A US woman who claimed to be a psychic medium and conned her clients and the taxman was Wednesday ordered to pay 60,000 dollars restitution to her victims. Sonia Merino, 50 and her husband Steve Merino, 44, each admitted one count of tax fraud in connection with their mail business called "Sonia Psychic Advisor" and agreed to repay 60,000 dollars in ill-gotten gains, including 1,200 dollars to a client to whom she sold fake holy water. In addition to demanding that the couple stump up restitution for their victims, prosecutors have also recommended that the pair serve 18 to 24 months in jail and that they repay 316,427 dollars to the tax man. They were due to be sentenced on November 18. The disgraced Los Angeles-area "psychic" and her daughter daughter-in-law were initially charged with five counts of mail fraud, which carries heavy penalties, but Merino forged a plea bargain with prosecutors in return for those charges against her being dropped. The 23-year-old wife of her son however still faces those charges, while her parents -- who allegedly also tried to hide 850,000 dollars worth of income from the business from the Internal Revenue Service -- made a deal, a Los Angeles court heard. Prosecutors alleged that the women advertised services for certain prices, then told clients they had to pay for additional services to clear away curses or negative spiritual forces.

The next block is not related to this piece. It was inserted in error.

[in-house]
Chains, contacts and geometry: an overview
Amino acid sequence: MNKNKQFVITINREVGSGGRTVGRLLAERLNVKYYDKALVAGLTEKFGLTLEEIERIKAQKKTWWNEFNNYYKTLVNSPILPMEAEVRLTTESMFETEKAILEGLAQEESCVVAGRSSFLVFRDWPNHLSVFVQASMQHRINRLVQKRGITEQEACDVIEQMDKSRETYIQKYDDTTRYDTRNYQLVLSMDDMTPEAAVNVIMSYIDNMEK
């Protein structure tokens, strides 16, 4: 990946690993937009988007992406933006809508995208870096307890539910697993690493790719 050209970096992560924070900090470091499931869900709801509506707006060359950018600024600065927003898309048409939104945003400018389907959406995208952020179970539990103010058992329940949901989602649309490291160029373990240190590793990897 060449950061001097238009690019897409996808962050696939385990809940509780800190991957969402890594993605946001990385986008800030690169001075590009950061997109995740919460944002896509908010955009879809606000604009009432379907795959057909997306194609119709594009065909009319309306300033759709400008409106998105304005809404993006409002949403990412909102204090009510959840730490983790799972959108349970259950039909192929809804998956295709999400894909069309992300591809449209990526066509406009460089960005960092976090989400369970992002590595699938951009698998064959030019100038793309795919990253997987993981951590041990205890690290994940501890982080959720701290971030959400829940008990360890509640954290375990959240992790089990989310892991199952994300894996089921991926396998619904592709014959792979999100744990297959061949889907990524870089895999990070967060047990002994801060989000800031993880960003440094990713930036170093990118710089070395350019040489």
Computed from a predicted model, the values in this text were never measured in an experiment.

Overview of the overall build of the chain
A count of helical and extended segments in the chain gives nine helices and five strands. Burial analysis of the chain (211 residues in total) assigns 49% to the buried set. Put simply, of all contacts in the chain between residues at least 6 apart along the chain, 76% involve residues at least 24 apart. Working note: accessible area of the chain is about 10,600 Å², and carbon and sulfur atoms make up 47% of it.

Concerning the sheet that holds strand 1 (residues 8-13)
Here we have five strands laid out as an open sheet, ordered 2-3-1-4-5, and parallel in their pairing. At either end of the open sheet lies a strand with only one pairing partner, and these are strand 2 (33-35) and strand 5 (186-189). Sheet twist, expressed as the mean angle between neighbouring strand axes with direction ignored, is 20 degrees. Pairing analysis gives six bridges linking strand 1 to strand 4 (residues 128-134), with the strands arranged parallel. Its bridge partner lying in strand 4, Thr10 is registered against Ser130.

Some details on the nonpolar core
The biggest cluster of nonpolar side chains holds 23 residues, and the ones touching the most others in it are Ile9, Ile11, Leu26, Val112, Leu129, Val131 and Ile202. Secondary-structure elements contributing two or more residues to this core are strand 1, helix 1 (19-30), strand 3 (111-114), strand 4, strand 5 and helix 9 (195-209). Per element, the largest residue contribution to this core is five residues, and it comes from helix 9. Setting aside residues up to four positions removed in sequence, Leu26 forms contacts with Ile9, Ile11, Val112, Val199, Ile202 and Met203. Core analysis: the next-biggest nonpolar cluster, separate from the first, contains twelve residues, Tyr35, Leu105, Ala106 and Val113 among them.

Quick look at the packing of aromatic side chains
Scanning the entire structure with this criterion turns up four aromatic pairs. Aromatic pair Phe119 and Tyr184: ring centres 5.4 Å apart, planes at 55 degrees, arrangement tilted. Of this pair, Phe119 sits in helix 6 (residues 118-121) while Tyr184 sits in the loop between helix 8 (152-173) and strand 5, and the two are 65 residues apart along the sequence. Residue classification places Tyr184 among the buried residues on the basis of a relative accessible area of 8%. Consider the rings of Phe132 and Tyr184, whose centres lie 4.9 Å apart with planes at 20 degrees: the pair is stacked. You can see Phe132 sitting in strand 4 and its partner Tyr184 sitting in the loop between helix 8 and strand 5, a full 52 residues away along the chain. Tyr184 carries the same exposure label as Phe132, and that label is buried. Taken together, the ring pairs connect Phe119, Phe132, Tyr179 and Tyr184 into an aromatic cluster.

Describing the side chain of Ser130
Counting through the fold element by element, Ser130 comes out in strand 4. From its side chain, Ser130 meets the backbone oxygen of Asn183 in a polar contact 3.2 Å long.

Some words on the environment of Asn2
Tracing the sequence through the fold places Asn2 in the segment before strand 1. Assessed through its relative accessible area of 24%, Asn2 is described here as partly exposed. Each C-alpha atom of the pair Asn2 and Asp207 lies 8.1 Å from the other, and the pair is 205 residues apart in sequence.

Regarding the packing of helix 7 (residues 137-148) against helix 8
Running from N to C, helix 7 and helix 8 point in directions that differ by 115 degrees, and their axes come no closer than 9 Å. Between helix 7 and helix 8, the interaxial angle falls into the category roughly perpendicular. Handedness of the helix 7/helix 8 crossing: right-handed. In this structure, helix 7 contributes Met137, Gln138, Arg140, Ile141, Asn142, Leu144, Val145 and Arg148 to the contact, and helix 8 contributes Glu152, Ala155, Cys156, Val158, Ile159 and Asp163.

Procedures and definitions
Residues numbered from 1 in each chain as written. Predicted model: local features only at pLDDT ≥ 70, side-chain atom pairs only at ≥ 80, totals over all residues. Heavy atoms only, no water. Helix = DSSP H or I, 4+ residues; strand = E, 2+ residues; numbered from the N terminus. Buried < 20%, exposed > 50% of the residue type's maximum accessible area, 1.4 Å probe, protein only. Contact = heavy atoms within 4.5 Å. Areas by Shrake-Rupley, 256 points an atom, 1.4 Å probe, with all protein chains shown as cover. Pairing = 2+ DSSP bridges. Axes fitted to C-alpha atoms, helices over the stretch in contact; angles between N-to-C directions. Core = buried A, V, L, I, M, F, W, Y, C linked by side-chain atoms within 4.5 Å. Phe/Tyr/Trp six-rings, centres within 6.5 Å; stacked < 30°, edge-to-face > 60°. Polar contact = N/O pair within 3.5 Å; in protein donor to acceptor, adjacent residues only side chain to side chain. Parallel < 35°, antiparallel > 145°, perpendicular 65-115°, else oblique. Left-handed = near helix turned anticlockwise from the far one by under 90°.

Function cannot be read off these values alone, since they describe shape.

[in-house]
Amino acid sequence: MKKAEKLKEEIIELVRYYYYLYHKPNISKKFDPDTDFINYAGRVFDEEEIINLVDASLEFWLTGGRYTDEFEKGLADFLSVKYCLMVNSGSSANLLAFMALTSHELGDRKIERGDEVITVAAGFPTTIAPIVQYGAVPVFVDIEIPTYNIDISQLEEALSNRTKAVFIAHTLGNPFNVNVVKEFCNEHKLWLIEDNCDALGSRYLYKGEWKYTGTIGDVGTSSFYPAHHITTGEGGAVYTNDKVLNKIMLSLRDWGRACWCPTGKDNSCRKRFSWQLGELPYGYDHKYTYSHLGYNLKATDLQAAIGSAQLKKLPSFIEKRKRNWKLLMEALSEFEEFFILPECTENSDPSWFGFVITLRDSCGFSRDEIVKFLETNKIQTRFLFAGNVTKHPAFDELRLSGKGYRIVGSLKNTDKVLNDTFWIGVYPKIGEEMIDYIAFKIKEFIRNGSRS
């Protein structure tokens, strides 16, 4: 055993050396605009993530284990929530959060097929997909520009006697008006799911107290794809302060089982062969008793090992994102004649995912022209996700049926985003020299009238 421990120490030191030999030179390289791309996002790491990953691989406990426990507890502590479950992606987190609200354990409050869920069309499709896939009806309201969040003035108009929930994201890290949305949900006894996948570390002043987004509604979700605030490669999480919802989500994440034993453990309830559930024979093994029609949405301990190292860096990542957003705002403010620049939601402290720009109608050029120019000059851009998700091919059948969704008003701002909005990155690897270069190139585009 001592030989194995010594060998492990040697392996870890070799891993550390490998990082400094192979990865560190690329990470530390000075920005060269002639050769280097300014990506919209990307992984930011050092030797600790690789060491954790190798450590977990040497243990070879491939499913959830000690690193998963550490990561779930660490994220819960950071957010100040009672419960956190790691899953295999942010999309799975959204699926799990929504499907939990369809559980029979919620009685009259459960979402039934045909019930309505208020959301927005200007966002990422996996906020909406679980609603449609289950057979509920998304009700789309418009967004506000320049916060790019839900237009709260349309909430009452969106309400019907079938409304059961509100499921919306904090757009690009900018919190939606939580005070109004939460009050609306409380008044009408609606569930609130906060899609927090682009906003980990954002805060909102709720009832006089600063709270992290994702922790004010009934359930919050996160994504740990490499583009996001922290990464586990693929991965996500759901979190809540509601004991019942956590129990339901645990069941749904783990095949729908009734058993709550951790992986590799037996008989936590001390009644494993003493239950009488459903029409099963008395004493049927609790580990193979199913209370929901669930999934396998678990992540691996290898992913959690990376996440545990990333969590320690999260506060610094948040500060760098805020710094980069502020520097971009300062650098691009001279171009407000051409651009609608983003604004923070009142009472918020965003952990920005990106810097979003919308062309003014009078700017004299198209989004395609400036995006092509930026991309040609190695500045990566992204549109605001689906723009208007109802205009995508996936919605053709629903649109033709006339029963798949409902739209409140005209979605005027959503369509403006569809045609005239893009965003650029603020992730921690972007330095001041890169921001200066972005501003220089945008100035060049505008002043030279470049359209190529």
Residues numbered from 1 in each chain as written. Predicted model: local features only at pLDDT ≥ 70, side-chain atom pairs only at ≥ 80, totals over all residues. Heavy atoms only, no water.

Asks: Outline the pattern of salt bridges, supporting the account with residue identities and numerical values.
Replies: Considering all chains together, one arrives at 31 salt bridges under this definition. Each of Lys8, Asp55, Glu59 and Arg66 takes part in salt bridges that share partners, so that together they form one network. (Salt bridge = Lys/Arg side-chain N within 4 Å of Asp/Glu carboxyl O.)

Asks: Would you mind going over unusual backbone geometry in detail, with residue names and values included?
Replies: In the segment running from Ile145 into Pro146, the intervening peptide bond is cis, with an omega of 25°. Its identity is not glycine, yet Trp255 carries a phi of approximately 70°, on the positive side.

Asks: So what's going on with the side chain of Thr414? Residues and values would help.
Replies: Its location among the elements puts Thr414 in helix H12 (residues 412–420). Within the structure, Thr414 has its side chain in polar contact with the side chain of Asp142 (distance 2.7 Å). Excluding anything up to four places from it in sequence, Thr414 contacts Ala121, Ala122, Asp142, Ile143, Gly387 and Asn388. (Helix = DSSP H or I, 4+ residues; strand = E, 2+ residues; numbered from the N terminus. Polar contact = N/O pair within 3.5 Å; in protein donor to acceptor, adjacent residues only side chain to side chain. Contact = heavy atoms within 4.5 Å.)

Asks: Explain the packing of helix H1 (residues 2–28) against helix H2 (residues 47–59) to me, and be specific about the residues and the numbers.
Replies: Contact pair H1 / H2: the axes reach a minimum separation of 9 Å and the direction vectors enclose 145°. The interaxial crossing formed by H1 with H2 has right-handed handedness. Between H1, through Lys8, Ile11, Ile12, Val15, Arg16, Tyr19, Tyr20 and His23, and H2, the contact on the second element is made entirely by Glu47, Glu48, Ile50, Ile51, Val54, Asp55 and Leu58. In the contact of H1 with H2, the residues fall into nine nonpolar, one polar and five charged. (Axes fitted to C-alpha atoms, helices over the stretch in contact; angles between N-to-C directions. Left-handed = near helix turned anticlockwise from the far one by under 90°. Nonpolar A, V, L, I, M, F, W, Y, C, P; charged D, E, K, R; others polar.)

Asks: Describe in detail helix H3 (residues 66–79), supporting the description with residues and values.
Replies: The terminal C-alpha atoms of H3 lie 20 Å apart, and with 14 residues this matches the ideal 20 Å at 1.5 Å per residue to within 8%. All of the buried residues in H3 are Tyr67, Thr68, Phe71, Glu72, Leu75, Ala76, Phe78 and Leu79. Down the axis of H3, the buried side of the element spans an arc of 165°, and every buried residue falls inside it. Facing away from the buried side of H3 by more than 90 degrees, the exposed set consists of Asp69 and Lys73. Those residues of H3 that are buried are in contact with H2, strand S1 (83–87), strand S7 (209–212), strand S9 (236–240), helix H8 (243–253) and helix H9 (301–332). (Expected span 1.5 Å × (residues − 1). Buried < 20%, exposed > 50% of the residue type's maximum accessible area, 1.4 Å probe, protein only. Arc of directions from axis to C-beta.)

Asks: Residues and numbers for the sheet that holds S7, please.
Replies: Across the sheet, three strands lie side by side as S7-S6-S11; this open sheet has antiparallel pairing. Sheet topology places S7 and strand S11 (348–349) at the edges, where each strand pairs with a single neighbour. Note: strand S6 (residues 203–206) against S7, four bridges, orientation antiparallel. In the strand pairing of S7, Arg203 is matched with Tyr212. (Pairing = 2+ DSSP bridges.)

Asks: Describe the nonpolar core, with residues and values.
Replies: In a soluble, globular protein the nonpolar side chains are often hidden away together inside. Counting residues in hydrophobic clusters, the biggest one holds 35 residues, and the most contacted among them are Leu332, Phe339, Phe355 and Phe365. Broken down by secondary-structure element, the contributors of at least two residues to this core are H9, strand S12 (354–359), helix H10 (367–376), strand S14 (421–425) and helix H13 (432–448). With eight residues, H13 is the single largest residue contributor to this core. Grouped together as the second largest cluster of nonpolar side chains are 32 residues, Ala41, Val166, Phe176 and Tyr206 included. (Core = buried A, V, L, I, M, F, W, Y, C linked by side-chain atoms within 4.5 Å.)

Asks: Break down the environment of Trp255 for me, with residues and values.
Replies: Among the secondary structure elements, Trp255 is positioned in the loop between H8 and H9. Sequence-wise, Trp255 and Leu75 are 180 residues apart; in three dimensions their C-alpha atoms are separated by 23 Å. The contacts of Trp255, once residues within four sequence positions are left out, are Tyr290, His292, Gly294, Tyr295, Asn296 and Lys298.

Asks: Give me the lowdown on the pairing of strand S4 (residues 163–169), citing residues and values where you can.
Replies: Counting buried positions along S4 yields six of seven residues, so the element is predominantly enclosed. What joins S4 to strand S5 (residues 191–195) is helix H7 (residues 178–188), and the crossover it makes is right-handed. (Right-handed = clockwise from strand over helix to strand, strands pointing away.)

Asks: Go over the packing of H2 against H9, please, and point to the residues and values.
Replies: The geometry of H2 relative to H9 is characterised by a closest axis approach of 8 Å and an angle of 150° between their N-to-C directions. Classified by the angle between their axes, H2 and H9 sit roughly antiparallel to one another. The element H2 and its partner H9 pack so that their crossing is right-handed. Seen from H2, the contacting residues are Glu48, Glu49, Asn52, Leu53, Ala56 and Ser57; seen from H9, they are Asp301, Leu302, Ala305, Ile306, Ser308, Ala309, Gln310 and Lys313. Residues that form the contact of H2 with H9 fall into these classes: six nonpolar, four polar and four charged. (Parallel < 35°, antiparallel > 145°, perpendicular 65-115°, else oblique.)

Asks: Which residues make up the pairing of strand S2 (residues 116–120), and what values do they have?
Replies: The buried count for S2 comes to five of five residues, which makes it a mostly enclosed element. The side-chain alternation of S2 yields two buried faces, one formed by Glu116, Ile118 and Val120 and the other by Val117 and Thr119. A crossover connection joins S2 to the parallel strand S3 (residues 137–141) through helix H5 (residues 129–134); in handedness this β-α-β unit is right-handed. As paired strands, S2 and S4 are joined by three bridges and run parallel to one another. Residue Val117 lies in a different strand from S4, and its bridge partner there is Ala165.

Categories: Future/Time
Posted by Alex on Fri Sep 06, 2002
Comments (0)
A short history of TV fakes from the Scottish Daily Record.
Categories: Entertainment
Posted by Alex on Fri Sep 06, 2002
Comments (0)
In its latest issue Sports Illustrated has run a hoax article detailing the career of Simonya Popova, a 17-year-old rising tennis star/sex symbol from Uzbekistan. The name Simonya was a play on the recent movie Simone, about an actress who doesn't really exist. At the end of the article the author, Jon Wertheim, admits Simonya doesn't exist, but this hasn't calmed down the WTA who apparently are up in arms about the hoax. From the AP report: (WTA) Spokesman Chris De Maria called the story deceiving and was annoyed at its emphasis on Simonya's sexuality. "It was misleading and irritating," he said. "There are a lot of great stories out there. We didn't need a fake one."
Categories: Sports
Posted by Alex on Thu Sep 05, 2002
Comments (0)
Nice LetterThis letter has been doing the e-mail rounds. I don't think it's real.
Categories: Email Hoaxes
Posted by Alex on Thu Sep 05, 2002
Comments (0)